New Zealand made the Lions’ naivety pay. This coming after Jonathan Davies – who was a standout man wearing red – made a break after 90 seconds and almost sent Conor Murray over the whitewash. The Lions recycled the ball quickly but Daly could not get the better of Israel Dagg down the blindside and he was bundled into touch.

Two moments that defined the opening test and may come to justify the gulf between New Zealand and the chasing pack, of which the Lions are now firmly part of despite their short existence.

Execution is what separated New Zealand from the Lions in the First Test; both in defence and attack. How New Zealand constantly negotiated the gainline but still ensured their scramble defence kept the Lions to one try for 80 minutes until Rhys Webb dived over once time was up.

New Zealand had 62% of the possession and the territory. Stats like that make winning any game hard, but against this bunch, it makes it almost impossible. Yet testament is it to the phenomenal skill levels of the All Blacks that had the Lions enjoyed the possession and territory of their opponents at Eden Park they still would’ve been on the wrong side of the scoreline.

The Lions have to accept that New Zealand will have periods in the contest where they border on unplayable but that doesn’t mean they must resign themselves to defeat. Victory at the Westpac Stadium in Wellington is completely achievable.

Despite some indifferent warm up games this group know that they are capable of causing the All Blacks problems. All of the back three made breaks and utilised their pace to sidestep defenders. Liam Williams especially justified his selection at 15 whilst Anthony Watson, who lives off confidence, produced a scintillating run that saw him scythe through the New Zealand defence early in the second 40.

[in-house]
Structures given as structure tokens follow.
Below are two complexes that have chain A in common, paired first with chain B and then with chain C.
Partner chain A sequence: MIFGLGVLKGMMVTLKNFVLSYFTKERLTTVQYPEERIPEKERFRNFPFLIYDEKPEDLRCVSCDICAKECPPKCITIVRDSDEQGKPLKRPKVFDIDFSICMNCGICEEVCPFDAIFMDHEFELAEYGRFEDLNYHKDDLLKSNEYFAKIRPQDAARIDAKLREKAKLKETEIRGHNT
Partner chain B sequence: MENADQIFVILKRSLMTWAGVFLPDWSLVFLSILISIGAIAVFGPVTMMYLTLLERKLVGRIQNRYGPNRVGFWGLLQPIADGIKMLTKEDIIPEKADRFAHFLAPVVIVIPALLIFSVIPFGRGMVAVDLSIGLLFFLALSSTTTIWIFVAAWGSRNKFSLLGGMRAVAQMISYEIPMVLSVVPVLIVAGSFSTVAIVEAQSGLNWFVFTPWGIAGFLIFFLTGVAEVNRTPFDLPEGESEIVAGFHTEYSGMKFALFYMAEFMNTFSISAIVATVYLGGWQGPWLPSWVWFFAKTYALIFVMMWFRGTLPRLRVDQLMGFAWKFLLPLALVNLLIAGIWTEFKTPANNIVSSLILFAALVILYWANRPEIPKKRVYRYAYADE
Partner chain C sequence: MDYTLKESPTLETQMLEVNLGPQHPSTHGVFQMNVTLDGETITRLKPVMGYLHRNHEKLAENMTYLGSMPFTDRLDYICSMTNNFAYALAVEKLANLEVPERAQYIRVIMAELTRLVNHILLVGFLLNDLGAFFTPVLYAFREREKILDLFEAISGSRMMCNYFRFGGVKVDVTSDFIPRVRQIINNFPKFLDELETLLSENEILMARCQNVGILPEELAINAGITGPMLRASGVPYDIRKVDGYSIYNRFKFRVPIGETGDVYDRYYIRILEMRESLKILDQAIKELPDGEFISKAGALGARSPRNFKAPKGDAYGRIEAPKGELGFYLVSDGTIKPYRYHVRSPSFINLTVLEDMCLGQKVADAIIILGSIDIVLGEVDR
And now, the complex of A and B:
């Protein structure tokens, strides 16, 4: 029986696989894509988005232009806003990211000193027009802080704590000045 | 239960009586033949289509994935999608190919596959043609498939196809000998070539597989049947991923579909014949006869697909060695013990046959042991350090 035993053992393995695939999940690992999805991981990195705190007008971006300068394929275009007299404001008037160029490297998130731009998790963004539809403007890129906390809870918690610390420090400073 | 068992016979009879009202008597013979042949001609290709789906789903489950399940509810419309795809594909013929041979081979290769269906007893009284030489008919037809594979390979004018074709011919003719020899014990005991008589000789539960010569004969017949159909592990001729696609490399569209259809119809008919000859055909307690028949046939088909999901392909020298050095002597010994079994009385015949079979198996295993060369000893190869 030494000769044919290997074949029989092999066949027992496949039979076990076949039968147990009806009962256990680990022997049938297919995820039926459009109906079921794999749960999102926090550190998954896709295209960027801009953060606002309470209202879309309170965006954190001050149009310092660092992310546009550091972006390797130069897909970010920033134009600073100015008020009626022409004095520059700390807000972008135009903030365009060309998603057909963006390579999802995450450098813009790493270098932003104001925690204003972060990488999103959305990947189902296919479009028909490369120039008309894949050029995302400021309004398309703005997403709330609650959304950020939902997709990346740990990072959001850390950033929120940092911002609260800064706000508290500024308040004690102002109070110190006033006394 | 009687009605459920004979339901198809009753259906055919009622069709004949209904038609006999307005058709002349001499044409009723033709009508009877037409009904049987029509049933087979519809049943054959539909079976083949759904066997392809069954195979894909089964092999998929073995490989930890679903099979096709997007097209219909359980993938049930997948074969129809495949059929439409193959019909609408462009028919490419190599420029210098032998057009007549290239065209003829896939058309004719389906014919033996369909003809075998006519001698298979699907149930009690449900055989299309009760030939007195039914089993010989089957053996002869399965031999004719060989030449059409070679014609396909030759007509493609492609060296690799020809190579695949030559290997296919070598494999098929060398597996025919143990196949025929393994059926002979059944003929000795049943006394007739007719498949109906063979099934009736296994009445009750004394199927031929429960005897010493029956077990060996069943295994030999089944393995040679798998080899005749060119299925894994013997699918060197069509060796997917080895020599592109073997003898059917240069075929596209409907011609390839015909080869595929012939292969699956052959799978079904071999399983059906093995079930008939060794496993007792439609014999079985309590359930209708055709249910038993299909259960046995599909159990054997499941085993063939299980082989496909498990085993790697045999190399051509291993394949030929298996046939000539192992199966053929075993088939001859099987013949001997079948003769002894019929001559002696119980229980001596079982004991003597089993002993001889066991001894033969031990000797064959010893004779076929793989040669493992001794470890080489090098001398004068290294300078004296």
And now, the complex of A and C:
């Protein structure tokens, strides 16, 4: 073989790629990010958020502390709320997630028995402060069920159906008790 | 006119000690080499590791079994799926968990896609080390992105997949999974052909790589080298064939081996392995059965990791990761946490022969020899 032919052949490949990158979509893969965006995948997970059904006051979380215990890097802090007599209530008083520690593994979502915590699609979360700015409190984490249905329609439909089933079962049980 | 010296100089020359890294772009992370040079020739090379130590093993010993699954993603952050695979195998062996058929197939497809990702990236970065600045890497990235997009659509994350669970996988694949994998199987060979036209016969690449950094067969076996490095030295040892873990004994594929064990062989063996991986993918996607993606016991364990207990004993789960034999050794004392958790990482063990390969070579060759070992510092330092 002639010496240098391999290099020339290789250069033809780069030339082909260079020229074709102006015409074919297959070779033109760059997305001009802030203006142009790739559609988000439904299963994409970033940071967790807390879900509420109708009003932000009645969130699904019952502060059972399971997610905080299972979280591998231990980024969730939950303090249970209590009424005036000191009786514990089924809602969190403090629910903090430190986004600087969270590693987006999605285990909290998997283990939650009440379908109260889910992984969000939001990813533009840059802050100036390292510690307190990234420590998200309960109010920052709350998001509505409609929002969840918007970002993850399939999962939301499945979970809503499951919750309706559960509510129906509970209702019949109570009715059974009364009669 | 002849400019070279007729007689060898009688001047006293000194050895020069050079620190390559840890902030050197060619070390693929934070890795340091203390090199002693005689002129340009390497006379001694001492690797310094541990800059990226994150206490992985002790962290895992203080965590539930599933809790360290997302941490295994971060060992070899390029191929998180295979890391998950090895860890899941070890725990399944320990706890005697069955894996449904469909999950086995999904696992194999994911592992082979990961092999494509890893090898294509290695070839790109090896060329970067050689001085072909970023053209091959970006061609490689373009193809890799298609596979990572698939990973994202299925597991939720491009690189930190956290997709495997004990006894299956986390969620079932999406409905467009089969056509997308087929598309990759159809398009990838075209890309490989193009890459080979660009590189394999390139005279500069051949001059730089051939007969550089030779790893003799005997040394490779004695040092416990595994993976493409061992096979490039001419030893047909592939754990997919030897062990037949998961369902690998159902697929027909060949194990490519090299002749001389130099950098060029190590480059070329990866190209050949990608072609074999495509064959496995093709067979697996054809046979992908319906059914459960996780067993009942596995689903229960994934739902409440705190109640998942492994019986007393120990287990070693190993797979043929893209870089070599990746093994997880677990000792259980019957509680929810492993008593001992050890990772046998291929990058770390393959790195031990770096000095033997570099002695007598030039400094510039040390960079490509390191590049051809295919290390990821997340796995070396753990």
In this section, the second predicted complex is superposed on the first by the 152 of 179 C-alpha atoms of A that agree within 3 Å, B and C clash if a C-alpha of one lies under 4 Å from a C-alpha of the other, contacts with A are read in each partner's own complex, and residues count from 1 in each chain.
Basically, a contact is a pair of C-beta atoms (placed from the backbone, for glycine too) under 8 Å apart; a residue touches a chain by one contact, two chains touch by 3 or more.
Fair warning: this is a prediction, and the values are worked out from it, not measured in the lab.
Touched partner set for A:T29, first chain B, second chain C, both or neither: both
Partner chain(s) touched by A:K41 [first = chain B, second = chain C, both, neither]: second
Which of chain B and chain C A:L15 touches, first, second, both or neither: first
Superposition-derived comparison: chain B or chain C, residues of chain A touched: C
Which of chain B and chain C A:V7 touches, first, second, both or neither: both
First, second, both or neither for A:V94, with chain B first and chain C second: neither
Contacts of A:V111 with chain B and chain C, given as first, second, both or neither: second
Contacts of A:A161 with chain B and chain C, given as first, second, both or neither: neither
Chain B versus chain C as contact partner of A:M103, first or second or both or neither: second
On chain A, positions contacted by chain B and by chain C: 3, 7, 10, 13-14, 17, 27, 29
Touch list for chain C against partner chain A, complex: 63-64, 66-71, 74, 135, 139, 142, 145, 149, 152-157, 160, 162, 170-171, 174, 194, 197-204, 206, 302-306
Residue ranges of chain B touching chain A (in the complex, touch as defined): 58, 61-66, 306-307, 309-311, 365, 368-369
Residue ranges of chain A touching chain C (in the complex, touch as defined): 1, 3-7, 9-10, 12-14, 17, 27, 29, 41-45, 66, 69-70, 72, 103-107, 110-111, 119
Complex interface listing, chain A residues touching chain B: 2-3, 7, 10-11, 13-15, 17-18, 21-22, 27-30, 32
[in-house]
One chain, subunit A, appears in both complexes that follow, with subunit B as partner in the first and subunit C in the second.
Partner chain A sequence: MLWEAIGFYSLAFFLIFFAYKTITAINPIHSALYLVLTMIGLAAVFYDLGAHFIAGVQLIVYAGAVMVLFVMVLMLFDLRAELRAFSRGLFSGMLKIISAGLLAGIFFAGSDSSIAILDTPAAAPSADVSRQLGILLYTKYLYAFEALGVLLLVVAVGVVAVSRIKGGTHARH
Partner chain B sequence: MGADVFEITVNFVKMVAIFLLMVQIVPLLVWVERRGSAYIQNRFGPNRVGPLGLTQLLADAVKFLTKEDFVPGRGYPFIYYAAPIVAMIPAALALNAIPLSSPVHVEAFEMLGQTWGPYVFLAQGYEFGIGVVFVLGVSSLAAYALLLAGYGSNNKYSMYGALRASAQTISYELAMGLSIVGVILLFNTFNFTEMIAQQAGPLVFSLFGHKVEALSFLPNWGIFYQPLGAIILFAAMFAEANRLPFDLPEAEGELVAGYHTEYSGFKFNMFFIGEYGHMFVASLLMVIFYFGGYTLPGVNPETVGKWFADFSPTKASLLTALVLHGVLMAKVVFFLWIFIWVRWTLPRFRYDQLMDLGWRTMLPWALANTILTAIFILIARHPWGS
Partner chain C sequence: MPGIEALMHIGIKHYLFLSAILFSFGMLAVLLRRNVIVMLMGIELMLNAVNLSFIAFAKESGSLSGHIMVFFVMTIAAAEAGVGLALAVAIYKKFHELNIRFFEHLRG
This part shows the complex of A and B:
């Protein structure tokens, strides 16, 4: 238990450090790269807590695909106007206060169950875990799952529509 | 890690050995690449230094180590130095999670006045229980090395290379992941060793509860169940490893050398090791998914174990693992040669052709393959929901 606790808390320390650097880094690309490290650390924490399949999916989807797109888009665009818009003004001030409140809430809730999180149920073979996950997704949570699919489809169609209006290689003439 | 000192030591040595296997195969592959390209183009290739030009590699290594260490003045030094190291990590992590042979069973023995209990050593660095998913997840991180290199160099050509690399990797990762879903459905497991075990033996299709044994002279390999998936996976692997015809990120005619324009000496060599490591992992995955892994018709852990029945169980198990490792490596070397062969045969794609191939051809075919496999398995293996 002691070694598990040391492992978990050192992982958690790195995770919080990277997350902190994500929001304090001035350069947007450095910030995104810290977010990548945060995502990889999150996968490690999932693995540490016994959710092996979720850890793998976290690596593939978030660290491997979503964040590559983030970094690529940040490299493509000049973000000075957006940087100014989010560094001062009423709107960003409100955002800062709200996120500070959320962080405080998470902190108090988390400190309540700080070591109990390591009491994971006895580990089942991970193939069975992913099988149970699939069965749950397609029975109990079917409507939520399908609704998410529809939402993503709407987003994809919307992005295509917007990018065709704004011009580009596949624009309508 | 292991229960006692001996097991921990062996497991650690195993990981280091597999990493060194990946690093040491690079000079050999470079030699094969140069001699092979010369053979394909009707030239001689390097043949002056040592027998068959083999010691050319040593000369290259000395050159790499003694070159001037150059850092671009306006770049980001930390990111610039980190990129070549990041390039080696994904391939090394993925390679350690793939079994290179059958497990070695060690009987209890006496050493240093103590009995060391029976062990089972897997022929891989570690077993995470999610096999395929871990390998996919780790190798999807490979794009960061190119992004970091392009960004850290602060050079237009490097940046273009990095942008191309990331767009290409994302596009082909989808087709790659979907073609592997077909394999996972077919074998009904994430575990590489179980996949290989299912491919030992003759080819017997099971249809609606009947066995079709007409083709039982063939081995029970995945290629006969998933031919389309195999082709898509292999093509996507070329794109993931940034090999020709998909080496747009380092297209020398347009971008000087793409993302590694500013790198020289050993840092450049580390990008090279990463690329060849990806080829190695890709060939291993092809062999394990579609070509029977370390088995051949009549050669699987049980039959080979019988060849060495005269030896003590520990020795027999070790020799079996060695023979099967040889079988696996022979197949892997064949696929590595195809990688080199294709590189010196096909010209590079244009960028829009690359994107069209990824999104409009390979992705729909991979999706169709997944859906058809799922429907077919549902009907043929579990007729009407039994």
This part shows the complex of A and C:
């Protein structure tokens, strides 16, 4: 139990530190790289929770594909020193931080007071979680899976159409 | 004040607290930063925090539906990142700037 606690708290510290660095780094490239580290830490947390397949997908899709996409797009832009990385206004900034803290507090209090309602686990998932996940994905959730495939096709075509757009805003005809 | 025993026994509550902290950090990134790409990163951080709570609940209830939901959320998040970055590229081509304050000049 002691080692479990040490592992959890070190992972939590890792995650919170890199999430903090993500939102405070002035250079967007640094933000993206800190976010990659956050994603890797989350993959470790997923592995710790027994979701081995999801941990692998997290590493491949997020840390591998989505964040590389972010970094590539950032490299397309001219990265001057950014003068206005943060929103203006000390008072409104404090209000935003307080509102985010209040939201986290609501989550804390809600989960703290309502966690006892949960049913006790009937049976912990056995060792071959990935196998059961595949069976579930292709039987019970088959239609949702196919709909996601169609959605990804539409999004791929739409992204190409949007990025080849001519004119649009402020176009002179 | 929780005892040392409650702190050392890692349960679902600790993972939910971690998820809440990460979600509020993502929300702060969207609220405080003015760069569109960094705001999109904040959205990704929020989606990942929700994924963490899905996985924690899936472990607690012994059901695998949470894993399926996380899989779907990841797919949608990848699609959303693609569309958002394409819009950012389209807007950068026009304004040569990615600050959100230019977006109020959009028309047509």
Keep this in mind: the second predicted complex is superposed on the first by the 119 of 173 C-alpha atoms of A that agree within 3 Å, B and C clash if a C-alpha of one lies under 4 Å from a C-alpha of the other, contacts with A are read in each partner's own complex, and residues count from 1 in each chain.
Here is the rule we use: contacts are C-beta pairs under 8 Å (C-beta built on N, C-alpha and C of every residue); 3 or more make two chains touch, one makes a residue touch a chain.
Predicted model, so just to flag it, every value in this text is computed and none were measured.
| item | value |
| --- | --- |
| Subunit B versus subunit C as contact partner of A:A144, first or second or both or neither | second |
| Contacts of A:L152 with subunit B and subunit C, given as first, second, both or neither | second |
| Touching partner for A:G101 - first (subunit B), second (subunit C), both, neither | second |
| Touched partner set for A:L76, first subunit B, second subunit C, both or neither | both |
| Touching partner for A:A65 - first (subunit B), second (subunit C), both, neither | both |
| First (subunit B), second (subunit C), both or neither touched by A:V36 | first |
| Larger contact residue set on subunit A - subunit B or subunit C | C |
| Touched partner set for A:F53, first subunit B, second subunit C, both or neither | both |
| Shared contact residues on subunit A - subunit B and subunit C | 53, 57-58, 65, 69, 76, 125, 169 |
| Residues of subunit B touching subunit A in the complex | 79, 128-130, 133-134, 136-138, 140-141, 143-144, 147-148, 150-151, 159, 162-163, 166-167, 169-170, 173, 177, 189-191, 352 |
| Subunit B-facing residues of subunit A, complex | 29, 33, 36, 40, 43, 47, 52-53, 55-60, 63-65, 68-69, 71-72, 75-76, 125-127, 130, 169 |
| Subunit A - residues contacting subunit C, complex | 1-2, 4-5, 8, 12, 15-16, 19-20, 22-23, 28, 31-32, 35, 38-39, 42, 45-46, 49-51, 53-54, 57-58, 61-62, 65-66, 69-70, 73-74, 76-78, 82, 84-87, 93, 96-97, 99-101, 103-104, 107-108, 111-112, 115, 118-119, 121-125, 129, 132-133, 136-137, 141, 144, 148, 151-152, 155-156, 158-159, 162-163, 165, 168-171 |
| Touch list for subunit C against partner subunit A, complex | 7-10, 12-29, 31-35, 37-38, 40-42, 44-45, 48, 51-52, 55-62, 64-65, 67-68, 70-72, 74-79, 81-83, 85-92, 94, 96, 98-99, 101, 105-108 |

The challenge for this group now is articulating quickly how they turn these breaks into points. That is what New Zealand do so well. The hope is that an 80-minute lesson in enough to spur them on and level the series in the country’s capital.

Rieko Ioane’s two tries on full debut showed firstly his pace but also just how blessed the All Blacks are in their talent pool. Scary when you consider Julian Savea and Nehe Milner-Skudder have been omitted but the Lions are no slouches. Williams and Daly especially have been two of the best backs in Europe over the last 12 months. Lacking perhaps the depth of the All Blacks but man for man the Lions are a match for their southern hemisphere counterparts if they can elevate themselves once again.

Lions Must Utilise Partnerships to Counteract Minimal Preparation Time

Every four years the British and Irish Lions come together in an effort to ignite camaraderie, combinations and collectiveness that we hope results in a test series victory.

It’s the most aspirational concept we have in Northern Hemisphere rugby, and as dreamy as it may sound, we have to remind ourselves that continuity must remain at the forefront of what the Lions do.